Nick Dear, adapted from Mary Shelley
Directed by Danny Boyle
Danny Boyle’s return to the London theatre scene has been much talked about. Looking at the list of cast and creatives it is easy to understand why; the Oscar winning director coupled with the increasingly popular Benedict Cumberbatch the much admired Jonny Lee Miller begun turning heads as soon as it was announced. The question on everybody’s lips with these ‘big name’ productions is always the same: will they live up to expectations? Or perhaps more acutely, will the production be enjoyed by audiences because it is a good production, or because it is filled with celebrity names? With these questions in our head, our outing to see Frankenstein was approached somewhat apprehensively. On this occasion, we were not disappointed: the production is outstanding.
Nick Dear’s adaptation is a good one. At first it is a bit slow, but it picks up in the middle as Victor Frankenstein is introduced, and the last hour is compelling stuff. On occasions, the dialogue feels a little unnatural but Dear’s penning of the Creature is excellent, and the nuances and contradictions of modern life shine through clearly as ‘it’ attempts to come to terms with human society. Additionally it is the evolution of the Creature which drives the plot forwards, as you see its wide-eyed and endearing innocence gradually vanish to be replaced by a cruel and brutal monster.
The quality of Dear’s script is enhanced by extraordinary performances by Cumberbatch and Lee Miller, although the supporting cast came across as slightly flat. On the night we saw it, Cumberbatch played Frankenstein and Lee Miller the Creature. However, this is one of two possible combinations, as the two actors will alternate between the roles. Cumberbatch was, as always, a strong stage presence and his delivery of the egotistical loner Victor Frankenstein was spot on, creating a character that the audience admire, loathe and pity simultaneously. However, the show was stolen by Lee Miller, whose portrayal of the Creature was world-class. Working to the strengths of Dear’s script, Lee Miller successfully creates a tortured and inhuman character which the audience cannot fully comprehend. This is an extraordinary achievement – some actors struggle to come to terms with human characters, let alone reanimated corpses!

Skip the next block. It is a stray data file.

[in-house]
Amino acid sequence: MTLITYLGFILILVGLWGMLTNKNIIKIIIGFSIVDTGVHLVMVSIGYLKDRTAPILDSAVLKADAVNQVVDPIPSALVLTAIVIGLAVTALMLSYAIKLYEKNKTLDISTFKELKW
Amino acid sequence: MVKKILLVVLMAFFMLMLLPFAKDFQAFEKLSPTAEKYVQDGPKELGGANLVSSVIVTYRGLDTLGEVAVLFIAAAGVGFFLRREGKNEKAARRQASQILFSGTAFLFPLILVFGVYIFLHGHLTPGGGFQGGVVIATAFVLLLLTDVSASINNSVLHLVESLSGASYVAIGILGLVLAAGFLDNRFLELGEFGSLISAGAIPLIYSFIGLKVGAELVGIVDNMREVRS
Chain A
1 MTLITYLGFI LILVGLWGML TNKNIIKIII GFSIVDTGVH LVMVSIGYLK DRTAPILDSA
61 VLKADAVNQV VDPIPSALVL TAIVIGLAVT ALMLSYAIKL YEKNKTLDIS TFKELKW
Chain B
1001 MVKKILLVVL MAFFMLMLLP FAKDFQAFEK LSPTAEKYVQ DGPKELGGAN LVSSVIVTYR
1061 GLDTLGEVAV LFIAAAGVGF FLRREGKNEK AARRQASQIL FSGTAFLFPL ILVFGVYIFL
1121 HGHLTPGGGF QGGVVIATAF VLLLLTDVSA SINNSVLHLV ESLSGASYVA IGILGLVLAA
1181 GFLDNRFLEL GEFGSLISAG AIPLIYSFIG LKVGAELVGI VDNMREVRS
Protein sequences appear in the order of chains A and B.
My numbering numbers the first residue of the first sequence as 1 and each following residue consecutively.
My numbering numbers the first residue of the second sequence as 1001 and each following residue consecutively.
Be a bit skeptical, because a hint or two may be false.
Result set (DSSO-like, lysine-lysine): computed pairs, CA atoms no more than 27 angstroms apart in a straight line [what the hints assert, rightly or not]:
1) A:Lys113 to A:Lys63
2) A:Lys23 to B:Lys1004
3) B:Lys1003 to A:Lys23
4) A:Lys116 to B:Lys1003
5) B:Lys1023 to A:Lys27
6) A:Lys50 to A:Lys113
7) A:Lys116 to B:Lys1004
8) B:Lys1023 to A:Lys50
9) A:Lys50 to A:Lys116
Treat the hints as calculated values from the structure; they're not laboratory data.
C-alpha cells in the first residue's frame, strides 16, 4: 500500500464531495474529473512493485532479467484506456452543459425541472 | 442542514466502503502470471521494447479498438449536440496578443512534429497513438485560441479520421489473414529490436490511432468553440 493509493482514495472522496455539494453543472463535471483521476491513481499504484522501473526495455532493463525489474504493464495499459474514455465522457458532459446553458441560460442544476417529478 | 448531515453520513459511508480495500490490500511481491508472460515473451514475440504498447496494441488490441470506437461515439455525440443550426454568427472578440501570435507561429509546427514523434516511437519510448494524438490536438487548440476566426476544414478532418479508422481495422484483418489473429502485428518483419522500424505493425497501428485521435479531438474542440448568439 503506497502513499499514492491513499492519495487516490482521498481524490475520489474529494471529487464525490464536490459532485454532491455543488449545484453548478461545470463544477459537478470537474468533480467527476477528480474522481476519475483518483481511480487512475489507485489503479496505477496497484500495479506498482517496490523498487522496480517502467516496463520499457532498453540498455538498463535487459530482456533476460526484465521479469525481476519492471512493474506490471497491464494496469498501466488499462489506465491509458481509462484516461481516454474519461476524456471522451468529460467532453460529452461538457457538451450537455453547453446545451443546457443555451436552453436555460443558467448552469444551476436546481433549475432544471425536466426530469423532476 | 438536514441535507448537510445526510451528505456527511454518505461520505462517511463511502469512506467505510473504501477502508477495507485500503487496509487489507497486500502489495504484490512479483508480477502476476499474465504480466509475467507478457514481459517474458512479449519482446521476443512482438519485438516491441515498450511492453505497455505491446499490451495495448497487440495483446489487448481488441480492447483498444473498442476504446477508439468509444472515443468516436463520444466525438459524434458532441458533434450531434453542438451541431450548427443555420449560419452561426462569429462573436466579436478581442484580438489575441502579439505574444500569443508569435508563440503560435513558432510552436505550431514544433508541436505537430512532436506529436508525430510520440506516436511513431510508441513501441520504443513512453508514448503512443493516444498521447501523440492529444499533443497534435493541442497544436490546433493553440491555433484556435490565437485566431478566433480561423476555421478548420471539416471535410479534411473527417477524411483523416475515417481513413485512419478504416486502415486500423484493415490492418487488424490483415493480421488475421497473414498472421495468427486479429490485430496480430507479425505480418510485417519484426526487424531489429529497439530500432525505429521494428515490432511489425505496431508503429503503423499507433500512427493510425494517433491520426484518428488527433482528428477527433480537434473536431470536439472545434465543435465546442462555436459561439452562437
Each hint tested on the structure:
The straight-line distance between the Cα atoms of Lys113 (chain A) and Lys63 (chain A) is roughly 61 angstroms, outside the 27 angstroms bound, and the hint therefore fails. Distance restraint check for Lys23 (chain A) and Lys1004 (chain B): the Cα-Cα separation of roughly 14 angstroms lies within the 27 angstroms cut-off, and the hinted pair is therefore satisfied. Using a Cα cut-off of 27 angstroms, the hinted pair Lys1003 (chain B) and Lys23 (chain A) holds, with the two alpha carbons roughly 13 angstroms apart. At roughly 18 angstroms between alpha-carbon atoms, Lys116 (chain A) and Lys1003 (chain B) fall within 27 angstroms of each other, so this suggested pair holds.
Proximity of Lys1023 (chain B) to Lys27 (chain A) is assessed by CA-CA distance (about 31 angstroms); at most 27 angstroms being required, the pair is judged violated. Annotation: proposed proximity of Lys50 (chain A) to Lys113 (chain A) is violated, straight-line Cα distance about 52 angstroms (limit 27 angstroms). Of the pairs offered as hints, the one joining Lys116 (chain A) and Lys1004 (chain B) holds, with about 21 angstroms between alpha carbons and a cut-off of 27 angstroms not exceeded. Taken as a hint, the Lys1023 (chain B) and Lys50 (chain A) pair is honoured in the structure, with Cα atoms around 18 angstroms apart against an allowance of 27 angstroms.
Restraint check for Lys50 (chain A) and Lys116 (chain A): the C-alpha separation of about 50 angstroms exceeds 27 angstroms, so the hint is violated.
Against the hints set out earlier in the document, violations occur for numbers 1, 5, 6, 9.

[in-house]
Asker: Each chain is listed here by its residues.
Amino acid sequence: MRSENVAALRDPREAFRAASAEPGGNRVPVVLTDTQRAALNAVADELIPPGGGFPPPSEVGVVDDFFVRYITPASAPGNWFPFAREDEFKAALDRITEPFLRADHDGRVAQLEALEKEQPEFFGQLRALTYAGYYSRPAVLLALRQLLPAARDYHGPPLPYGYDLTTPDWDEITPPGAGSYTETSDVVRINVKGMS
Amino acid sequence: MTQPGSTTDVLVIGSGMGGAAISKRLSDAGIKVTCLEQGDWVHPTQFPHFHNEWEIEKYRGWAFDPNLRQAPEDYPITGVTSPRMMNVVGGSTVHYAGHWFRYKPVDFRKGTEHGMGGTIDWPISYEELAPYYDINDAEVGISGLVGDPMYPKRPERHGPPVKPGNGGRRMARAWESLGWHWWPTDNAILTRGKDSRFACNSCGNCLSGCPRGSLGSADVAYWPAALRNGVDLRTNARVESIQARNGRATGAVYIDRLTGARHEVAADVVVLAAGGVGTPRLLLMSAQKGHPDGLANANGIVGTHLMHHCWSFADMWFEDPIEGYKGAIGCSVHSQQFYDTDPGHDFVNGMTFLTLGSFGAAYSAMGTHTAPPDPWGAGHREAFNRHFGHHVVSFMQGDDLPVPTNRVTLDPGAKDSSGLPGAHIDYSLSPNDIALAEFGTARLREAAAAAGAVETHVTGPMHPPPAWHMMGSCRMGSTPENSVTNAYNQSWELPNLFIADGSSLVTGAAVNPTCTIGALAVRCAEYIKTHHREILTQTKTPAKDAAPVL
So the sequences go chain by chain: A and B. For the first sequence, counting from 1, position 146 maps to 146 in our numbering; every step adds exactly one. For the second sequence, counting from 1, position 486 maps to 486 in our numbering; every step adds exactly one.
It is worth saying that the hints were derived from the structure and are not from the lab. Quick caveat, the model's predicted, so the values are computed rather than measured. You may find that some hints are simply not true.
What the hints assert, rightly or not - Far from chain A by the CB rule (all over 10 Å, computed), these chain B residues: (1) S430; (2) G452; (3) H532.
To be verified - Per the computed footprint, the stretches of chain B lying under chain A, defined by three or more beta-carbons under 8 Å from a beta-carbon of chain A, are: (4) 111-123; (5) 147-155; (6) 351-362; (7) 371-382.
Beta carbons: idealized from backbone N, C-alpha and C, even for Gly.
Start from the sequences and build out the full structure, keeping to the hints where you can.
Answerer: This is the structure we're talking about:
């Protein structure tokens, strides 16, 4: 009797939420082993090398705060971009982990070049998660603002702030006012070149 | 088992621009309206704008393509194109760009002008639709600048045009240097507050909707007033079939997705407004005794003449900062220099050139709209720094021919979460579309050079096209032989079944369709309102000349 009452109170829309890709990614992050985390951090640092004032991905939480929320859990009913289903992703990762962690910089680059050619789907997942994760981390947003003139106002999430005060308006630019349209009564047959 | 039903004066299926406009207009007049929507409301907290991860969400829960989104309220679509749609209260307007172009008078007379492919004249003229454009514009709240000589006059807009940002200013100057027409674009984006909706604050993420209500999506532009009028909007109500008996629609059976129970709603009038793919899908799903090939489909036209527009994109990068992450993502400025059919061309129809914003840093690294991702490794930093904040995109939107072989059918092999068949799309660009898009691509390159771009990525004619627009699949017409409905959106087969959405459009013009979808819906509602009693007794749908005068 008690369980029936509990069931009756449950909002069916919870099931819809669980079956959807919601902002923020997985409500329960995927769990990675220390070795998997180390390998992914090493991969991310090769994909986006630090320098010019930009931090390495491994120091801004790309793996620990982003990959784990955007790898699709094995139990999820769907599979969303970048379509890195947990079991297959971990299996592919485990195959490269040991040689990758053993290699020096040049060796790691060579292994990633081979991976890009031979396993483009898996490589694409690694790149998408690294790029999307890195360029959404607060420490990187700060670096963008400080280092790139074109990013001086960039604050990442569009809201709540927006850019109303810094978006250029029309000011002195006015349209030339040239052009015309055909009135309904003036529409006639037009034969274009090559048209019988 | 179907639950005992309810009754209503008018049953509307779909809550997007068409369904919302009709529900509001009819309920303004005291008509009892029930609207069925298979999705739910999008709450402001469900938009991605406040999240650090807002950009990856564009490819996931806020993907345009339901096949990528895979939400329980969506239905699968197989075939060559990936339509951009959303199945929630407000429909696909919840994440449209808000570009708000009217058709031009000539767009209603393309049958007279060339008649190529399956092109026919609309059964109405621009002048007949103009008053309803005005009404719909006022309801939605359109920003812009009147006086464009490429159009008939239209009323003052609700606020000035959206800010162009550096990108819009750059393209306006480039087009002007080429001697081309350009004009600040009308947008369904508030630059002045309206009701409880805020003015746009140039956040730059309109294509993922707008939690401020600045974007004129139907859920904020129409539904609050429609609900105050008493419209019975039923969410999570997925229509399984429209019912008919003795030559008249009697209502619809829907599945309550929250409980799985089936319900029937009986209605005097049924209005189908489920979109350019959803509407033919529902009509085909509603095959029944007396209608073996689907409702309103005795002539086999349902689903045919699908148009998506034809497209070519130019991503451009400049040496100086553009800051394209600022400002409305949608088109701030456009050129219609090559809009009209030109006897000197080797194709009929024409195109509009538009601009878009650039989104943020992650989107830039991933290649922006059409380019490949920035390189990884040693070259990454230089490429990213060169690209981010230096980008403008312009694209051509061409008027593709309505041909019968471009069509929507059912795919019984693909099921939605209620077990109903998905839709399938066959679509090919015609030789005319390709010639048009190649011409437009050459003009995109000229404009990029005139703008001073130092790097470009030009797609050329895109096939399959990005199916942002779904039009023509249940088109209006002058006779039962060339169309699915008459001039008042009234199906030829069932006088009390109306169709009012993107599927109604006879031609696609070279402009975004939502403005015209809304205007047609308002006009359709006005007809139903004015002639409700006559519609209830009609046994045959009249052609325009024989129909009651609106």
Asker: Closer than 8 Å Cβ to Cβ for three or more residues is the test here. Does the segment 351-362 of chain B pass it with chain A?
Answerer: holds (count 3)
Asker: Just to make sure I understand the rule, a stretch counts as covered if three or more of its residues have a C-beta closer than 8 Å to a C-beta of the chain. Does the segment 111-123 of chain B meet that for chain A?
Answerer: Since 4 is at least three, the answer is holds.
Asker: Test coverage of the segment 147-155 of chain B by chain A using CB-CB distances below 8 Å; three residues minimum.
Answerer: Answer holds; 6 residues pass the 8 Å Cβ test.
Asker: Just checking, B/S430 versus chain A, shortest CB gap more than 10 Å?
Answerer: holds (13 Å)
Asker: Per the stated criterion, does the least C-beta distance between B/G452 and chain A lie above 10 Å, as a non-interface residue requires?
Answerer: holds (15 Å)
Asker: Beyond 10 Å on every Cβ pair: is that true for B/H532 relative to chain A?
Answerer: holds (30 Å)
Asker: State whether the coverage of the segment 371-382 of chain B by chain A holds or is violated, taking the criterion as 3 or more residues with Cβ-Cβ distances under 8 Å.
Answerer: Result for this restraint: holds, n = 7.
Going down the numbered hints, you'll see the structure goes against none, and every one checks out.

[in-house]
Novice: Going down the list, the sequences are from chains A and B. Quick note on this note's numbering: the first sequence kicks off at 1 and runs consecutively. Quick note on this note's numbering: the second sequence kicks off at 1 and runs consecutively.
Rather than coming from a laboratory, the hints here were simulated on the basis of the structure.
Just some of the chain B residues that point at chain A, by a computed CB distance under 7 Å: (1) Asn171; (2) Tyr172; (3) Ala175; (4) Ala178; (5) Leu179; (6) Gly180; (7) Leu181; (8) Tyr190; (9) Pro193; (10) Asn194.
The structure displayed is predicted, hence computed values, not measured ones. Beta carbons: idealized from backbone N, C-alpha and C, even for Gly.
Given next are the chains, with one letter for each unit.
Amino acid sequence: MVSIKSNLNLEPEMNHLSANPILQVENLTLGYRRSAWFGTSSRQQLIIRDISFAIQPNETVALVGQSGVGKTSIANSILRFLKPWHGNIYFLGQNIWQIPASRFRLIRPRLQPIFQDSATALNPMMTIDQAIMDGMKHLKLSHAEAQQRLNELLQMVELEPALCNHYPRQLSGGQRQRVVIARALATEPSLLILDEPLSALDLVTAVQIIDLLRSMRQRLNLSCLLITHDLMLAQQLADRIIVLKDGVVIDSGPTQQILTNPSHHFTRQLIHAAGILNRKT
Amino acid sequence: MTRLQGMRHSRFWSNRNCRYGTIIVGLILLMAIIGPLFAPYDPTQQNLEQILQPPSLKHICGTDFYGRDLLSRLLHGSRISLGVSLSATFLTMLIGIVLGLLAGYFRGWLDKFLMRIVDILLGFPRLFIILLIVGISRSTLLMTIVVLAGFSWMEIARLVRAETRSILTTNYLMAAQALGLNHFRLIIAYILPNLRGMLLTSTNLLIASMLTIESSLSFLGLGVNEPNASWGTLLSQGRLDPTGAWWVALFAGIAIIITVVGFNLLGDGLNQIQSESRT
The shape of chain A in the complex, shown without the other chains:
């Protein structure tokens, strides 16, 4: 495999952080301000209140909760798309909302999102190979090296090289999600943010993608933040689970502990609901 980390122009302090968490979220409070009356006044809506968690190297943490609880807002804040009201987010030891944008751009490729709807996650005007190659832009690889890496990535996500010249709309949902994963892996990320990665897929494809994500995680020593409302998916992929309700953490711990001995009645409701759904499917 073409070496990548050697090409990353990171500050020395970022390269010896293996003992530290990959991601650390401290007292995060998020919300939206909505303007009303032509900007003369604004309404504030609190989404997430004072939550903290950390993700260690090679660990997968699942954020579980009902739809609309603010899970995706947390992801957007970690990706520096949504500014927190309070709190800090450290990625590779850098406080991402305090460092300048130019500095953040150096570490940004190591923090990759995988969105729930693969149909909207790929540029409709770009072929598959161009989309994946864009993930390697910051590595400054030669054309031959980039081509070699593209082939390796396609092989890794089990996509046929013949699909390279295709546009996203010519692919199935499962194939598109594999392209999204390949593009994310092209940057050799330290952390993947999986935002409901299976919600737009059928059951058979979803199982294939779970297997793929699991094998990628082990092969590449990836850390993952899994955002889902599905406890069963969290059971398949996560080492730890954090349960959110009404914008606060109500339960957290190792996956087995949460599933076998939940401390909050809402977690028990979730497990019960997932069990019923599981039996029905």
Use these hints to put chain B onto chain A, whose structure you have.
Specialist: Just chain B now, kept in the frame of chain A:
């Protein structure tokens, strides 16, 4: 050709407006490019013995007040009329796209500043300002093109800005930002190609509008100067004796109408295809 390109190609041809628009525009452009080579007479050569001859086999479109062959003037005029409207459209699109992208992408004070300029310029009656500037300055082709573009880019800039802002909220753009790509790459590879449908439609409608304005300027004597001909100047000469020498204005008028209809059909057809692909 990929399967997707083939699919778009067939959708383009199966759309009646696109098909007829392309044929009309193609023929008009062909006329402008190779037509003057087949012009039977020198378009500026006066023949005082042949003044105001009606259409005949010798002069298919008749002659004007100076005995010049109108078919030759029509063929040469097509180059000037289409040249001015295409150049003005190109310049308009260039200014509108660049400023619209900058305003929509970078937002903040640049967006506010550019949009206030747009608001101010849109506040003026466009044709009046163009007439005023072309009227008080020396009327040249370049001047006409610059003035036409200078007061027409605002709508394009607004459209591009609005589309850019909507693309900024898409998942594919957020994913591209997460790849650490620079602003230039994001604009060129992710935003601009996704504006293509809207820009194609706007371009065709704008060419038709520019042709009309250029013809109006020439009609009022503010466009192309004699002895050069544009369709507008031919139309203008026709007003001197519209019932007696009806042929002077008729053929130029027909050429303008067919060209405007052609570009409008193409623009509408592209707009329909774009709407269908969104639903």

Mark Tildesley’s design is innovative and in places awe-inspiring. The Olivier is a cavernous venue, and many a designer has failed to properly get to grips with it. The set is huge yet intimate when it needs to be, and in addition the theatrical techniques employed are cutting edge yet remarkably simple. On a couple of occasions the scenic changes were somewhat clunky, but given the savage, almost industrial nature of the play, this could easily have been deliberate. Furthermore they were neatly covered by the terrifying original score of Underworld. Most memorable is the huge mirror above the audience, covered with hundreds of light bulbs. When on full power they create a harshly lit and uncomfortable environment as the audience are blasted with a wave of dazzling light and intense heat. This is just one of the many theatrical devices used by the design team to create and maintain a mutli-layered, sinister atmosphere throughout the performance.
is an ambitious and unique piece of theatre. It brings together outstanding direction, utterly exhilarating stage and lighting designs and wonderful performances. To fully appreciate its complexity, it is certainly necessary to see it twice, if not just to see Cumberbatch and Lee Miller swap roles in what promises to be a hugely interesting theatrical experiment. Perhaps most importantly, Frankenstein
once again raises the bar for theatre around the world. In a scene dominated by long running musicals and over-performed dramas we come to rely on places like the National Theatre to take the risks that have driven theatre forwards for generations. The National is a global treasure, and one of a few things that Britain can be truly proud of in the modern day. Long may it continue.
Frankenstein runs at the National Theatre until 2nd May 2011.
Box Office: 020 7452 3000 or book online at www.nationaltheatre.org.uk